Traumatic Brain Injury in the United States: A Public Health Perspective

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Abstract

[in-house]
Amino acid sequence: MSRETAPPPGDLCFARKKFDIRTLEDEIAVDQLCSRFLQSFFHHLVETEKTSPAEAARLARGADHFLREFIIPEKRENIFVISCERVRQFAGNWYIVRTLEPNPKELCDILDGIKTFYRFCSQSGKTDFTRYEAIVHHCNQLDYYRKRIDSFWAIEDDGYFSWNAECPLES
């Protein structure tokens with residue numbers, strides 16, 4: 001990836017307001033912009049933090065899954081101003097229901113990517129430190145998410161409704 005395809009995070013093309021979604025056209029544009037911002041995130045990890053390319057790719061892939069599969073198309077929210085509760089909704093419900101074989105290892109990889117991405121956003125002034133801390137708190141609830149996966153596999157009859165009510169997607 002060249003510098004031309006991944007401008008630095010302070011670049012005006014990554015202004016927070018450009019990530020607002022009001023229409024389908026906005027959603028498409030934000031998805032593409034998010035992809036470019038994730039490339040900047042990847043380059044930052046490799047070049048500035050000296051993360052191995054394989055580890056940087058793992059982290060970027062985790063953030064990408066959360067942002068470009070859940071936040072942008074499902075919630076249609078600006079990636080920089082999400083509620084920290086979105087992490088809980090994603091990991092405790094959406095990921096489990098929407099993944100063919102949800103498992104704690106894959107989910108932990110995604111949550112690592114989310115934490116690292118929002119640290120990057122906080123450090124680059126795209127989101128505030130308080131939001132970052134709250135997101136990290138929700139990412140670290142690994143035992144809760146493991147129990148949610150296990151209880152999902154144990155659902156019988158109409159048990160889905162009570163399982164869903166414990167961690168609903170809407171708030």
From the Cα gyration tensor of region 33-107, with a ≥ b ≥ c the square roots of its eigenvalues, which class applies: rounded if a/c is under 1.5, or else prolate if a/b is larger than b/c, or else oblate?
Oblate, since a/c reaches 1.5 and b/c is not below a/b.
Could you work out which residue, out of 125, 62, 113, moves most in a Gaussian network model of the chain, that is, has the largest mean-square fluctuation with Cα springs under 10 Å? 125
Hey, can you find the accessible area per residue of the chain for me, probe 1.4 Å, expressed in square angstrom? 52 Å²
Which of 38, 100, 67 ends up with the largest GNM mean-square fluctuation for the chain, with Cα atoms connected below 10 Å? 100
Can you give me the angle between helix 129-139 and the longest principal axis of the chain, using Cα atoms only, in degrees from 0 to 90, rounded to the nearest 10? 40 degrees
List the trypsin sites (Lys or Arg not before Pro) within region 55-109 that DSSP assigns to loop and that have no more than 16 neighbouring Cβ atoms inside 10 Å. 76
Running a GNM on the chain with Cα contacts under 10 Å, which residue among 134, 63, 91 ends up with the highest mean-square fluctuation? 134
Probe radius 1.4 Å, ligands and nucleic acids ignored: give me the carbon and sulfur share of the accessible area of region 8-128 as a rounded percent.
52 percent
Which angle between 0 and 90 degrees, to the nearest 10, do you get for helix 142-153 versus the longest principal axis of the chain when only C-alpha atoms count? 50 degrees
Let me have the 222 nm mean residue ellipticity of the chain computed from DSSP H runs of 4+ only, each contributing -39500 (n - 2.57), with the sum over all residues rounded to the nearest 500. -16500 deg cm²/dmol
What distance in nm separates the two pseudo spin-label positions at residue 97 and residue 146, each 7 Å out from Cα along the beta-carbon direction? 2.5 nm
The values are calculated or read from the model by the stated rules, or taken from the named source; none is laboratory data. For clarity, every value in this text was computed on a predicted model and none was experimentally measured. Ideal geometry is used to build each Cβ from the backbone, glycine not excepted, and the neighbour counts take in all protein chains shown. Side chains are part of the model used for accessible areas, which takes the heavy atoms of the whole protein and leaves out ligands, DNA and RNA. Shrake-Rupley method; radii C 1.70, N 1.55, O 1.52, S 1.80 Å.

Traumatic brain injury (TBI) is a leading cause of death and disability among persons in the United States. Each year, an estimated 1.5 million Americans sustain a TBI. As a result of these injuries, 50,000 people die, 230,000 people are hospitalized and survive, and an estimated 80,000–90,000 people experience the onset of long-term disability. Rates of TBI-related hospitalization have declined nearly 50% since 1980, a phenomenon that may be attributed, in part, to successes in injury prevention and also to changes in hospital admission practices that shift the care of persons with less severe TBI from inpatient to outpatient settings. The magnitude of TBI in the United States requires public health measures to prevent these injuries and to improve their consequences. State surveillance systems can provide reliable data on injury causes and risk factors, identify trends in TBI incidence, enable the development of cause-specific prevention strategies focused on populations at greatest risk, and monitor the effectiveness of such programs. State follow-up registries, built on surveillance systems, can provide more information regarding the frequency and nature of disabilities associated with TBI. This information can help states and communities to design, implement, and evaluate cost-effective programs for people living with TBI and for their families, addressing acute care, rehabilitation, and vocational, school, and community support.

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